Stimulating brain cells with electrical pulses could help treat diabetes, a new study suggests.

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Could deep brain stimulation help zap diabetes?

When a 53-year-old man asked Dutch doctors to treat his obsessive-compulsive disorder (OCD) several years back, they suggested a new but promising surgical treatment: implanted electrodes that would stimulate deep brain tissue involved in decision-making, reward-seeking, and motivation. The treatment apparently helped him go off one of his psychiatric medications, but it came with a surprising side effect—it also seemed to improve his type 2 diabetes. Now, researchers think they know why. A new study suggests that a boost in the activity of dopamine, a neurotransmitter involved in motivation and pleasure, improves the body’s ability to process sugar.

This is the first time such a pathway, previously seen in mice, has been found in humans, says Mike Michaelides, a neuroscientist at the National Institute on Drug Abuse in Baltimore, Maryland, who was not involved in the new research. That doesn’t make deep brain stimulation (DBS) realistic for most people with diabetes, but other, less invasive brain therapies that target dopamine might one day be feasible.

Diabetes occurs when glucose, or sugar, in a person’s bloodstream remains in chronically high concentrations. Type 1, which typically begins in childhood, results when the immune system destroys the pancreatic cells that make insulin, the hormone that lets our cells use sugar as food. Type 2 diabetes, typically triggered by a combination of bad genes, poor eating habits, and a lack of exercise, also damages the body’s ability to produce its own insulin. As time goes on, cells are hard-pressed to remove sugar from the blood, and people require larger and larger amounts of insulin to keep their blood sugar stable. There is no cure for either disease.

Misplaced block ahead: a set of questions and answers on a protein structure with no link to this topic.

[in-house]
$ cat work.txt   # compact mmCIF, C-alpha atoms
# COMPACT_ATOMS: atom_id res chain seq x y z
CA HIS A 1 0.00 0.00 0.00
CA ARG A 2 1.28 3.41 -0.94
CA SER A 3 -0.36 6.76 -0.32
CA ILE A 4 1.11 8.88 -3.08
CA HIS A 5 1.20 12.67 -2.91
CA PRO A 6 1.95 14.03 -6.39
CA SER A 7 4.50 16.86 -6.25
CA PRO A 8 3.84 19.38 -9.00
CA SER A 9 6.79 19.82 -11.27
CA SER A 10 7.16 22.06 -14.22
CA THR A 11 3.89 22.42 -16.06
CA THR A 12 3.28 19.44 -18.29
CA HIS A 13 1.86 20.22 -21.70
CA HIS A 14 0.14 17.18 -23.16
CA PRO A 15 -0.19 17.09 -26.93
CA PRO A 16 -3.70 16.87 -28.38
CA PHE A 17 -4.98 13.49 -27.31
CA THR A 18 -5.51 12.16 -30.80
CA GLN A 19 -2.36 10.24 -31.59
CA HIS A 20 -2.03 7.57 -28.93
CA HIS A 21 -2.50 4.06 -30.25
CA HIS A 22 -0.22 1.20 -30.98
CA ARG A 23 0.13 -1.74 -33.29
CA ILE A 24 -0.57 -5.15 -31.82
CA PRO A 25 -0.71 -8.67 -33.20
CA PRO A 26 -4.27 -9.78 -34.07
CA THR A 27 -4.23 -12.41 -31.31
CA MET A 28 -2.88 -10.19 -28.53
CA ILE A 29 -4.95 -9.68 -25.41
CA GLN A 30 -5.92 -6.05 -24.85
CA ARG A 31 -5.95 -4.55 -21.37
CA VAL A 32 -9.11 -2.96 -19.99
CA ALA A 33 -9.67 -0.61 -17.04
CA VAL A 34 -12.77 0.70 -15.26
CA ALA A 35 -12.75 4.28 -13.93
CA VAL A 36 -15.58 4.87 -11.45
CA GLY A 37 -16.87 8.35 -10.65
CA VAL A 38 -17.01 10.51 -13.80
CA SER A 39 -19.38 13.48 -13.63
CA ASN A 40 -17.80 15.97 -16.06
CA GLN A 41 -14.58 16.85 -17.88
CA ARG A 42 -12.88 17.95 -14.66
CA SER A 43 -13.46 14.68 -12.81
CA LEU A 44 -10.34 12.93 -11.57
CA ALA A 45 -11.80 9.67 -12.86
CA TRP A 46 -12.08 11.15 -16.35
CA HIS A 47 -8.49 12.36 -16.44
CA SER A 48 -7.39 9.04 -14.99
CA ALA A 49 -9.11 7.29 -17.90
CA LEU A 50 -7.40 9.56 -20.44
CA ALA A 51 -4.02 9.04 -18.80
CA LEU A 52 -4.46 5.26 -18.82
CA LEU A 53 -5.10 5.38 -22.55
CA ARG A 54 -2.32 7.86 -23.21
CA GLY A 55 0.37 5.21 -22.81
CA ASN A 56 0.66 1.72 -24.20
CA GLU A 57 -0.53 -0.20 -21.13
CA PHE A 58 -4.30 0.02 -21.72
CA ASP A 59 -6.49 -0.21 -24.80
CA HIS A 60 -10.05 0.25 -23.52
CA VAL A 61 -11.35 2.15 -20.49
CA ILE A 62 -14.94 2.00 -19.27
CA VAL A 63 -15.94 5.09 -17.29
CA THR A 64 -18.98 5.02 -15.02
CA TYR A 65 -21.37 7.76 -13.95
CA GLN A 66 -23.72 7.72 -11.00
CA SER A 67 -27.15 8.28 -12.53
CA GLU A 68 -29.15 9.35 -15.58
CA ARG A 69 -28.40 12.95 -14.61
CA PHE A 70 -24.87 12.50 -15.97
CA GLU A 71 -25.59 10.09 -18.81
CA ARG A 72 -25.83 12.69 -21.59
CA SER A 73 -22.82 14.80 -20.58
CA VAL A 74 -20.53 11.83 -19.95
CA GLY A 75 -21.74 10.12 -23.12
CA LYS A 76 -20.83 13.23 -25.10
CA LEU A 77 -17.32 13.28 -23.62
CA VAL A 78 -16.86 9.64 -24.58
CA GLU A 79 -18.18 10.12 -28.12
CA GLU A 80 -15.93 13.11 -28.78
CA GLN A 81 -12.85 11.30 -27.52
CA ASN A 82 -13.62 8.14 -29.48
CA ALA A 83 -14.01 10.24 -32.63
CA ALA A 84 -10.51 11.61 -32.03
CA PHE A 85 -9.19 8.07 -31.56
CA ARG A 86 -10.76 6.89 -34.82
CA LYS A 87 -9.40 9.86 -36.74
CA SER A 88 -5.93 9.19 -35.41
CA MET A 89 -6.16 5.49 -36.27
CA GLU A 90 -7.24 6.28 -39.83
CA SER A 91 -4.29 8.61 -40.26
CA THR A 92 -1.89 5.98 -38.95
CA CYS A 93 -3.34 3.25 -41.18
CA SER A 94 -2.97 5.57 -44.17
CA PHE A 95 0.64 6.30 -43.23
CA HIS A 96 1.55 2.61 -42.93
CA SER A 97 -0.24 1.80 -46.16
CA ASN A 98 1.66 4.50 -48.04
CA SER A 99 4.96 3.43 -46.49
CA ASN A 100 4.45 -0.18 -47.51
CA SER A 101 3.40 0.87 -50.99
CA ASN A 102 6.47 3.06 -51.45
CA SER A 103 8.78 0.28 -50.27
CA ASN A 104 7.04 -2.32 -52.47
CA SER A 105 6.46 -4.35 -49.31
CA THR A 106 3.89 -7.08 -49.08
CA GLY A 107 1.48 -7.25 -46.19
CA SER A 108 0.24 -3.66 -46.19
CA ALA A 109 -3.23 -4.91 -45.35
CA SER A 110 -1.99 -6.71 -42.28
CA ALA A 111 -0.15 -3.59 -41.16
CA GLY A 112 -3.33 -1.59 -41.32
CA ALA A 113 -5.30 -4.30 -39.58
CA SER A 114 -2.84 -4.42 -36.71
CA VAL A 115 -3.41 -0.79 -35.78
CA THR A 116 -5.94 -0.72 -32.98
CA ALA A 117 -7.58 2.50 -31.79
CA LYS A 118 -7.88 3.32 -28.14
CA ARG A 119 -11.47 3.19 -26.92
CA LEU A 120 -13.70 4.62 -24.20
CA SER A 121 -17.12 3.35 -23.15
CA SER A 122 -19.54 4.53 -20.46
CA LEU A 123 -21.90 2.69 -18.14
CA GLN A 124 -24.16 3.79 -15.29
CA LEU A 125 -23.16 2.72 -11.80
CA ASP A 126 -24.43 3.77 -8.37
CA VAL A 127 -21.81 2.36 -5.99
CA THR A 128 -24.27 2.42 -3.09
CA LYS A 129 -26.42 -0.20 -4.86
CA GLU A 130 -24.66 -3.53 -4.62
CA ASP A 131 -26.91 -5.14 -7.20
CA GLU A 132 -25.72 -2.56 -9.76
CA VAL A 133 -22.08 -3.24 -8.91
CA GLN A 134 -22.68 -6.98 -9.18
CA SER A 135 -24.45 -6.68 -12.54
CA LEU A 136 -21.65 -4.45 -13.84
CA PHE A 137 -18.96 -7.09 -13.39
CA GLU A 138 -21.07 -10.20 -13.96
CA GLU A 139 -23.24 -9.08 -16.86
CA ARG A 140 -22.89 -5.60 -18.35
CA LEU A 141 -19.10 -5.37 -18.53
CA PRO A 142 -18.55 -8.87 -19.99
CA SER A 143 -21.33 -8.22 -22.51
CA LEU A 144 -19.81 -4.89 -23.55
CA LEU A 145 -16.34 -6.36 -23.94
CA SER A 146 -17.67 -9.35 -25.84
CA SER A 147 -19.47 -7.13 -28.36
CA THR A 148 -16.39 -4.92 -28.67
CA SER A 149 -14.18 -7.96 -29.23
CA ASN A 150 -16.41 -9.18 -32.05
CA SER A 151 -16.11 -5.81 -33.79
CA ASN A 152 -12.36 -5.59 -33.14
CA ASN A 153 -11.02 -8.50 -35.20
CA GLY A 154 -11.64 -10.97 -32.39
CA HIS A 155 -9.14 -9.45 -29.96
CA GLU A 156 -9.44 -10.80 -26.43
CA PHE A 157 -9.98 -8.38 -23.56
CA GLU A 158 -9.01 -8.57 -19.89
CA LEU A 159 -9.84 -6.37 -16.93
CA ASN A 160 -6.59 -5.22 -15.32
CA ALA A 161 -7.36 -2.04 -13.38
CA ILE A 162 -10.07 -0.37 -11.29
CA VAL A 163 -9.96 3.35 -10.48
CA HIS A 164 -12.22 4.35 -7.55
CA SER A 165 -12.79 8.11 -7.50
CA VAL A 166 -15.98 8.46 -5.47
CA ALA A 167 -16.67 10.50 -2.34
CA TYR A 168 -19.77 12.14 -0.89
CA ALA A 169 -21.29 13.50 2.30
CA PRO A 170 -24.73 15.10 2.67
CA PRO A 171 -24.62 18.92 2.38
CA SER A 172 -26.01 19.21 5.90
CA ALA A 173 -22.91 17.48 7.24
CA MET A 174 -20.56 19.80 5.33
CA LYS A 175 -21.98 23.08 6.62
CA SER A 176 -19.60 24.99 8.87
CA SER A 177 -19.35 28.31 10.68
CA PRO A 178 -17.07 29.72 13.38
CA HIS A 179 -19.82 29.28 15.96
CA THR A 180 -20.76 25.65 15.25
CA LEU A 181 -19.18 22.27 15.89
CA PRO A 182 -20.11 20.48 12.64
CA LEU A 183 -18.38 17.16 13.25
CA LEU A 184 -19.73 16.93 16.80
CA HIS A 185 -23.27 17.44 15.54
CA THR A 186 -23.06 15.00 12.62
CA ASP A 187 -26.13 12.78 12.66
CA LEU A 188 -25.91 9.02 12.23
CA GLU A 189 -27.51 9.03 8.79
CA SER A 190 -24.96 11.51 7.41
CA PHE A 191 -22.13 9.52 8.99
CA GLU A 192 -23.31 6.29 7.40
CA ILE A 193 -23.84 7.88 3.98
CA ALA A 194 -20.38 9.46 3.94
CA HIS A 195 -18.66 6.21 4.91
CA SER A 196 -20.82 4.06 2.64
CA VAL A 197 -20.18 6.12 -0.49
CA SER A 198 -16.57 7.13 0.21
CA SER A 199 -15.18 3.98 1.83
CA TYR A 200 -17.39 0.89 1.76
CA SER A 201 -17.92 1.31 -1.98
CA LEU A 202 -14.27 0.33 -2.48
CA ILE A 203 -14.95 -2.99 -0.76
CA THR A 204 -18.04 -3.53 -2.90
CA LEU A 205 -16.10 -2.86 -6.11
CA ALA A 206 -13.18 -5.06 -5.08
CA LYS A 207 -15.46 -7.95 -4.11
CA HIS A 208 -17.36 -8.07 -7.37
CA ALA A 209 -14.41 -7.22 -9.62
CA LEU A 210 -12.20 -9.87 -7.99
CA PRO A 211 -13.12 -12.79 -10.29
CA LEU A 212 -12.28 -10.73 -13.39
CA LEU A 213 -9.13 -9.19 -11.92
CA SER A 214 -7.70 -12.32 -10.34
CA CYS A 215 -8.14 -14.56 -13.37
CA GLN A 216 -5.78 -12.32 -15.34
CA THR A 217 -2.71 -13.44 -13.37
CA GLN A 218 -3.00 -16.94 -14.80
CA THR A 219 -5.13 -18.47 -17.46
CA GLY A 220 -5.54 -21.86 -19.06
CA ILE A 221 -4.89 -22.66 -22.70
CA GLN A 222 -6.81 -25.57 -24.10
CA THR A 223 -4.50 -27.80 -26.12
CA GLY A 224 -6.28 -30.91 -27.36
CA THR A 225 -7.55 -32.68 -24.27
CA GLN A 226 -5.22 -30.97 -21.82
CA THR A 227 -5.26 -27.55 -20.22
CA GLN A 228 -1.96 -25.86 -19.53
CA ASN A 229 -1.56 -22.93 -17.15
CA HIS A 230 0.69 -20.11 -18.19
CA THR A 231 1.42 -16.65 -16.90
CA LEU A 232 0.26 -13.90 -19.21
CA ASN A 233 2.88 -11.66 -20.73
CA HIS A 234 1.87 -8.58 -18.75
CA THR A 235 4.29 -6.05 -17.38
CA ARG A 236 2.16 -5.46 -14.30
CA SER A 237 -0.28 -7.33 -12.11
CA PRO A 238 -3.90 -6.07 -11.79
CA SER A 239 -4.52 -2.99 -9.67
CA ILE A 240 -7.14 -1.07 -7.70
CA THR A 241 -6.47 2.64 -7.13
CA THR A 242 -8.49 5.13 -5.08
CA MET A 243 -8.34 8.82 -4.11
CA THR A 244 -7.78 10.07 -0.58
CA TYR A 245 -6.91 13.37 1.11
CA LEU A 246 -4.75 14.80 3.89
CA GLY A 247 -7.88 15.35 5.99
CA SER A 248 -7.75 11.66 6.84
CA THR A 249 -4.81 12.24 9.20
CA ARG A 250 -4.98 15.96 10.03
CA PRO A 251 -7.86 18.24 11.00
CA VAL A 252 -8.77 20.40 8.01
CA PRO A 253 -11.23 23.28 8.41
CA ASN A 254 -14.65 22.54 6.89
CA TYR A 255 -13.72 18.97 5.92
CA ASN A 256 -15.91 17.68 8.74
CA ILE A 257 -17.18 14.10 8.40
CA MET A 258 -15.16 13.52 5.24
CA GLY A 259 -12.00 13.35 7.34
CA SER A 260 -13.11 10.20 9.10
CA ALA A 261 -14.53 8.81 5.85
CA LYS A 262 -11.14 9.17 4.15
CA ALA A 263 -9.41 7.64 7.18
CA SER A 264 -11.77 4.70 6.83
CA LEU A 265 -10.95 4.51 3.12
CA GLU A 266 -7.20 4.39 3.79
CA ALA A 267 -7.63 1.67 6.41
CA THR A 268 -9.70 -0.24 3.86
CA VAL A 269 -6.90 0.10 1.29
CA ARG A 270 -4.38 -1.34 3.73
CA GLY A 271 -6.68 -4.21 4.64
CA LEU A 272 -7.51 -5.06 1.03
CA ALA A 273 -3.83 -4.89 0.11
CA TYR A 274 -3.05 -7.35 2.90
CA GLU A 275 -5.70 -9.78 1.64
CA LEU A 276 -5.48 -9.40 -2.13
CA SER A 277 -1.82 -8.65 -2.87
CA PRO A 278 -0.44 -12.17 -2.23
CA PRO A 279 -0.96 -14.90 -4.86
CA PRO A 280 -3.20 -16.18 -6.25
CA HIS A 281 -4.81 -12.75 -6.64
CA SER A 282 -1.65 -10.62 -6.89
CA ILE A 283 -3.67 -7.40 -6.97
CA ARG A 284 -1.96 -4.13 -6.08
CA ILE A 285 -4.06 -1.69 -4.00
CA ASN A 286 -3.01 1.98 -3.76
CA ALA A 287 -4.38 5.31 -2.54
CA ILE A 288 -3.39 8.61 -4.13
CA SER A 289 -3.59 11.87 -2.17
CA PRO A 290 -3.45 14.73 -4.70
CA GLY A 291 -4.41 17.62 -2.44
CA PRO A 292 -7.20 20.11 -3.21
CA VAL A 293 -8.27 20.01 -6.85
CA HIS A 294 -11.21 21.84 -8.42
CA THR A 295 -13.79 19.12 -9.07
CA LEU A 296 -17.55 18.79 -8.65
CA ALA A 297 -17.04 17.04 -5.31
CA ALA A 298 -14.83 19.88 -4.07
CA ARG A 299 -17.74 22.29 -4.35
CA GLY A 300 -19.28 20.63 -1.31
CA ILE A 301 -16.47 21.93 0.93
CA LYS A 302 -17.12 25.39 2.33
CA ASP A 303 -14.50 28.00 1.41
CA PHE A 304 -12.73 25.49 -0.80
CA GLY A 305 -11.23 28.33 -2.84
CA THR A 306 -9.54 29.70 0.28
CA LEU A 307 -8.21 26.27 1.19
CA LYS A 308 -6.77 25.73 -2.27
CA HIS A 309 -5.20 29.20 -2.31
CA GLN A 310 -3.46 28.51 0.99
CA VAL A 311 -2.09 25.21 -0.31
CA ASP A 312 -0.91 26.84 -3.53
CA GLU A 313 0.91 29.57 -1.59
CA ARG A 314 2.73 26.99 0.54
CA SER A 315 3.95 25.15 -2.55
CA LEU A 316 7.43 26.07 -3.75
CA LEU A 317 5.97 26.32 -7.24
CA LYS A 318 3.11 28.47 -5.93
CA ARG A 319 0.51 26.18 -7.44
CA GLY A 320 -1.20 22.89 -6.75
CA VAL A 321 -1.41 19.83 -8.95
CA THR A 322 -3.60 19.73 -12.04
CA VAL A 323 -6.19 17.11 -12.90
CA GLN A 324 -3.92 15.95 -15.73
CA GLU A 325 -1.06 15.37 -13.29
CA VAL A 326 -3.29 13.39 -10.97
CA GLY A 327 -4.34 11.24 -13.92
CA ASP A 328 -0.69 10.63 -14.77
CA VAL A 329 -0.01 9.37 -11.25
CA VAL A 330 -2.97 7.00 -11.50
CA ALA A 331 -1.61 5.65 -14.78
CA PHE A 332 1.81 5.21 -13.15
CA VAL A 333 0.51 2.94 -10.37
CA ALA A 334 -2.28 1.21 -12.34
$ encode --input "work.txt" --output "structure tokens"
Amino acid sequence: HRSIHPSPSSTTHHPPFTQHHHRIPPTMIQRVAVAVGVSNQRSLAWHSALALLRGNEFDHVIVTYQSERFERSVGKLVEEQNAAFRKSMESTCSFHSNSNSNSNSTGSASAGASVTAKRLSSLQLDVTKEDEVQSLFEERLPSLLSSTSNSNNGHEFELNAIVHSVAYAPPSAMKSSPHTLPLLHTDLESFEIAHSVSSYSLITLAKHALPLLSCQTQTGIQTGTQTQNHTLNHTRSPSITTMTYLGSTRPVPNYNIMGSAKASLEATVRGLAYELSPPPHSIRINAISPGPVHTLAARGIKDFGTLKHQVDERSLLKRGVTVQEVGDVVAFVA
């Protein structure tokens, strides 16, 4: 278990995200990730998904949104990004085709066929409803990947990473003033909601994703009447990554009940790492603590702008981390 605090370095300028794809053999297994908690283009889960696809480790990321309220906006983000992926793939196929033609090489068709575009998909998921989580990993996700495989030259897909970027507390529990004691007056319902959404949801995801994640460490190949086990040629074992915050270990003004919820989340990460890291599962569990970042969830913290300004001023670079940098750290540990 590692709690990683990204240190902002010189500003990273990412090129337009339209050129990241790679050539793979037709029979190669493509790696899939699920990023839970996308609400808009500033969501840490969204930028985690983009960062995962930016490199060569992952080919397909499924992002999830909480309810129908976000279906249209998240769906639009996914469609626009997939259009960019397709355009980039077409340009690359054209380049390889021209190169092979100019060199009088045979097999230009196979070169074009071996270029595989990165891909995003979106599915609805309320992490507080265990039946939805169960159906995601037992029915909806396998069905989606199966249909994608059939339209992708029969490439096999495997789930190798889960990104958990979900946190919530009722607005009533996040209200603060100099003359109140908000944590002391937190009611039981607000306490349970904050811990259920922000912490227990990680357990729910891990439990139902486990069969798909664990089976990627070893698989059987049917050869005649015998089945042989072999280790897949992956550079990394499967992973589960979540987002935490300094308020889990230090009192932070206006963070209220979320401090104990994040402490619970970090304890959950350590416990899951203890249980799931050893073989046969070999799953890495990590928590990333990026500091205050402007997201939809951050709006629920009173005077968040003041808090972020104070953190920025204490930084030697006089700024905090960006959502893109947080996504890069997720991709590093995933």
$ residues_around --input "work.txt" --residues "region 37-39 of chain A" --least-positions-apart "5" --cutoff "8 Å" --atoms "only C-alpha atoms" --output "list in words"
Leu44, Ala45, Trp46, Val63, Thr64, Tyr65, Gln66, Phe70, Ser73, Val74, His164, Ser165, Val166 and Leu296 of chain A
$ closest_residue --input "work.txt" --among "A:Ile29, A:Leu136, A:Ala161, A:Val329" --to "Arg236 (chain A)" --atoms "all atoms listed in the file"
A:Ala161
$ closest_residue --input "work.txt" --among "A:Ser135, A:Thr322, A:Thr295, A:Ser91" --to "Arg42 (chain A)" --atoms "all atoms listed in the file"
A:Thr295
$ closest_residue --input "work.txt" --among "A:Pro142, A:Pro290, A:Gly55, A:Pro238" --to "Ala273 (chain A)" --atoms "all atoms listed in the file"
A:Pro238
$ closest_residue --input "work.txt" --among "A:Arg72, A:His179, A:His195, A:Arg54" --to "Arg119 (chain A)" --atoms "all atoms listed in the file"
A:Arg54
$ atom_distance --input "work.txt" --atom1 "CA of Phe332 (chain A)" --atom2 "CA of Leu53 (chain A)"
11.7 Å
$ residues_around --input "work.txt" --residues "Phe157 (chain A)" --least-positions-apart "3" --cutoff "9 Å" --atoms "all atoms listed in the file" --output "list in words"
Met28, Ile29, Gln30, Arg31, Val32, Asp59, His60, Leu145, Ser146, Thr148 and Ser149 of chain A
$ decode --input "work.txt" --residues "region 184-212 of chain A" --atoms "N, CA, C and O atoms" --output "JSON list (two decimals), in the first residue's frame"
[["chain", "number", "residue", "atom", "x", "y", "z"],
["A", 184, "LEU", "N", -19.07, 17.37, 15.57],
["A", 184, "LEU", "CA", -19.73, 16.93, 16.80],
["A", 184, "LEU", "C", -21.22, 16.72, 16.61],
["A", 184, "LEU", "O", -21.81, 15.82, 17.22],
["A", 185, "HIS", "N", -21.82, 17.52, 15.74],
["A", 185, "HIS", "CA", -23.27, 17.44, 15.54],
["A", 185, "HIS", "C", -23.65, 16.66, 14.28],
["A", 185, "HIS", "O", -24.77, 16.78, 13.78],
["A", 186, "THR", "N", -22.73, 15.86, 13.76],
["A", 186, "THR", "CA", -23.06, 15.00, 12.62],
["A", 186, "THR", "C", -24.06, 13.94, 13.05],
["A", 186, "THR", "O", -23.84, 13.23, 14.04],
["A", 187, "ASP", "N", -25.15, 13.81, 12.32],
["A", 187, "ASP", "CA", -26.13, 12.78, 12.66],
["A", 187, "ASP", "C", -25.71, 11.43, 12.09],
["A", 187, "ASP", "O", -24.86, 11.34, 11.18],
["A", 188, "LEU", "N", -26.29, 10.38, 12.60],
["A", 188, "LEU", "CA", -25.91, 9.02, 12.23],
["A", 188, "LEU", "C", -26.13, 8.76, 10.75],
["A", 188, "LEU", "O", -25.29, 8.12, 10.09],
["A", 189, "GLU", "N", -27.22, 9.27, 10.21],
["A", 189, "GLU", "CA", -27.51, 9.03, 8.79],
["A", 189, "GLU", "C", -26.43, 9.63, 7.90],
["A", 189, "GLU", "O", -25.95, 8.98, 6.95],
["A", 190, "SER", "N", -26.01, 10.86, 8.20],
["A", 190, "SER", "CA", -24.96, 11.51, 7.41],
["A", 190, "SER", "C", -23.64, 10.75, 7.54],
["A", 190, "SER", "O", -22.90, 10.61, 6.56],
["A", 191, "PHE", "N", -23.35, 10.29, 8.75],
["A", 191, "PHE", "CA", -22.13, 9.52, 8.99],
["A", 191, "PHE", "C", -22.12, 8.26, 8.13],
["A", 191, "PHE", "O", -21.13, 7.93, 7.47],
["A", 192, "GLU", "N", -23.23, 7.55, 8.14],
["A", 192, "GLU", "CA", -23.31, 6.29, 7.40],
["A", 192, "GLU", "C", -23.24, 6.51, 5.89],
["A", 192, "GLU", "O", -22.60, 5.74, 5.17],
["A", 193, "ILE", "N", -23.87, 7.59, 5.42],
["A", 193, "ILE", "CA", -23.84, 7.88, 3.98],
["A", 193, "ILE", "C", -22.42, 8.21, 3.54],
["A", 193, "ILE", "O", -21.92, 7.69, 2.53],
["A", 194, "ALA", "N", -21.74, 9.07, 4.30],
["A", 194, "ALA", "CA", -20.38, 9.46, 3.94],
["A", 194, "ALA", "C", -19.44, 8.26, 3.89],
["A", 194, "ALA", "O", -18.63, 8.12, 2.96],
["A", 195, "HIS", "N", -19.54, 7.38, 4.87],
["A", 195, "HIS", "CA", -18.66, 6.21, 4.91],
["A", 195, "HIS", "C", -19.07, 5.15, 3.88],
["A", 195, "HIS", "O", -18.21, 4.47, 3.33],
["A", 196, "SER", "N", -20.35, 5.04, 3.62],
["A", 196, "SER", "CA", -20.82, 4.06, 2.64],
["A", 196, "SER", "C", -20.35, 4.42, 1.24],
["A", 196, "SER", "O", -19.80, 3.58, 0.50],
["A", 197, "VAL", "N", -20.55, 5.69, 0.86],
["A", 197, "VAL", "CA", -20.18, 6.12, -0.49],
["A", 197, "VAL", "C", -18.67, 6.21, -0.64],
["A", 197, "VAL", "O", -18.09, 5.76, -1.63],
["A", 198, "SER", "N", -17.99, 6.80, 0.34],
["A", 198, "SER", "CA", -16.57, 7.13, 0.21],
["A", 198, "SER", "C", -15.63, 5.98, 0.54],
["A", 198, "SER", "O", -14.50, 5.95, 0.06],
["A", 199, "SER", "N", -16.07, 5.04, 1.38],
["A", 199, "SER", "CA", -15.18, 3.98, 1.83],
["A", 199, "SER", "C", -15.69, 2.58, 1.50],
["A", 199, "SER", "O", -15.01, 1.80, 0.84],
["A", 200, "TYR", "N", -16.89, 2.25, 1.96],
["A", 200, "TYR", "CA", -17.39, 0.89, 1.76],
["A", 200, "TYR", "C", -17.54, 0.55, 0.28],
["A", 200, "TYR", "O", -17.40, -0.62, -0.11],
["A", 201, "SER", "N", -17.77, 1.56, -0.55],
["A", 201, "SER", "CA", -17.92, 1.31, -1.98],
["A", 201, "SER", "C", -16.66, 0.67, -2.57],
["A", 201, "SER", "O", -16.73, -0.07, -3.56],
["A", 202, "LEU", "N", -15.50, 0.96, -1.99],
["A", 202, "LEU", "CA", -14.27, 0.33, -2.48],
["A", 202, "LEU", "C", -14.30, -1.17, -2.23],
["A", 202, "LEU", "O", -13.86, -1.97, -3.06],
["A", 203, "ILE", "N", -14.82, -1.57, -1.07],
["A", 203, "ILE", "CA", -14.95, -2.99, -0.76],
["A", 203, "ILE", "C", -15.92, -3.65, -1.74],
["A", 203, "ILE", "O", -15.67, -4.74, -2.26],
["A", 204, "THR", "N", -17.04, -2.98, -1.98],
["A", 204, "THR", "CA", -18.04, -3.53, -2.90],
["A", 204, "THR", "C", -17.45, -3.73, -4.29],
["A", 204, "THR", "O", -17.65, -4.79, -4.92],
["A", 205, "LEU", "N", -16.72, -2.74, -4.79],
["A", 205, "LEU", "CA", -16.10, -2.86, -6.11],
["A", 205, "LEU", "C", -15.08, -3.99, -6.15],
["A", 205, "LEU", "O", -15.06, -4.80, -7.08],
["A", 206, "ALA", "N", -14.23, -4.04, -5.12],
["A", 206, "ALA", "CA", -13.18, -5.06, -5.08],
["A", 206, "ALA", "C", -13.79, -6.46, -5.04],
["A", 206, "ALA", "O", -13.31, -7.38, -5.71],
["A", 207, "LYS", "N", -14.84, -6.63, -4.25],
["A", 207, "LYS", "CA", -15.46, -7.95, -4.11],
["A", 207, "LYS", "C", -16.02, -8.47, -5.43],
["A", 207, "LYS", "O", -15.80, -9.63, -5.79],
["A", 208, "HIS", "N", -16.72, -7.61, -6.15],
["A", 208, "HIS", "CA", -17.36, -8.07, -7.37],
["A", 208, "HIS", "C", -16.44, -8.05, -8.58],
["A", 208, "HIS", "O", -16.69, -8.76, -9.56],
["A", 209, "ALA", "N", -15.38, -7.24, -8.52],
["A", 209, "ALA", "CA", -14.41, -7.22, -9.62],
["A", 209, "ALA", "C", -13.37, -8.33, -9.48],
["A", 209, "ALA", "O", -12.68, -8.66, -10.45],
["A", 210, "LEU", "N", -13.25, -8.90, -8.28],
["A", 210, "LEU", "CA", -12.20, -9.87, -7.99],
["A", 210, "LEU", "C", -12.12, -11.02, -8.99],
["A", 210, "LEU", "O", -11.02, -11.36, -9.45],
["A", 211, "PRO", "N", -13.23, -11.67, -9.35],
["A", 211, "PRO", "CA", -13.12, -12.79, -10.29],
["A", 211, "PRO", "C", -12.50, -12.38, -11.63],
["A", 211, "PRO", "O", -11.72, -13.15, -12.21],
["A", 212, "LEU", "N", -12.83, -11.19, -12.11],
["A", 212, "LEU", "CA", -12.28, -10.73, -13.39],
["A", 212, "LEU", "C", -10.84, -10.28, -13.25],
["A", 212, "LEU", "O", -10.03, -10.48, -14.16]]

To test whether DBS was responsible for the man’s improvement (he went from injecting 226 international units of insulin per day to just 180), Mireille Serlie, an endocrinologist at the Academic Medical Center in Amsterdam, and colleagues recruited him for an experiment. Fourteen other men and women with DBS implants for OCD—but without diabetes—joined him. Serlie and colleagues turned off the DBS devices for 17 hours and measured participants’ fasting blood sugar levels and responses to insulin. DBS significantly increased insulin sensitivity in all participants, the team reports today in Science Translational Medicine.

Studies in mice have shown that dopamine released by neurons in the same general decision-making region they stimulated—called the ventral striatum—plays a key role in regulating glucose throughout the body. To see whether a similar mechanism exists in humans, her team gave 10 healthy men a drug that depletes dopamine levels. The men’s insulin sensitivity decreased in concert, bolstering the connection, they report.

The team also used optogenetics, which deploys lasers to control living cells, to stimulate striatal neurons in mice. As the neural cells released more dopamine, the rate at which other cells absorbed glucose from the rodents’ blood picked up. Michaelides says the mouse study confirms previous research by his group and other labs, suggesting that dopamine signaling in the nucleus accumbens—part of the ventral striatum—plays a key role in glucose metabolism.

Nima Saeidi, an assistant professor of surgery at Harvard Medical School in Boston, cautions that targeting dopamine in the brain through DBS or other methods may not be a useful treatment for most people with diabetes, because prolonged exposure to elevated levels of glucose and insulin profoundly alters the function of cells and organs. “It is very possible that the results the authors described here are not translatable to diabetic patients,” he warns. Serlie agrees that for some people, the damage to cells may be irreversible. But at earlier stages of the disease, she suggests, “it could really help” increase the effectiveness of the insulin people already produce.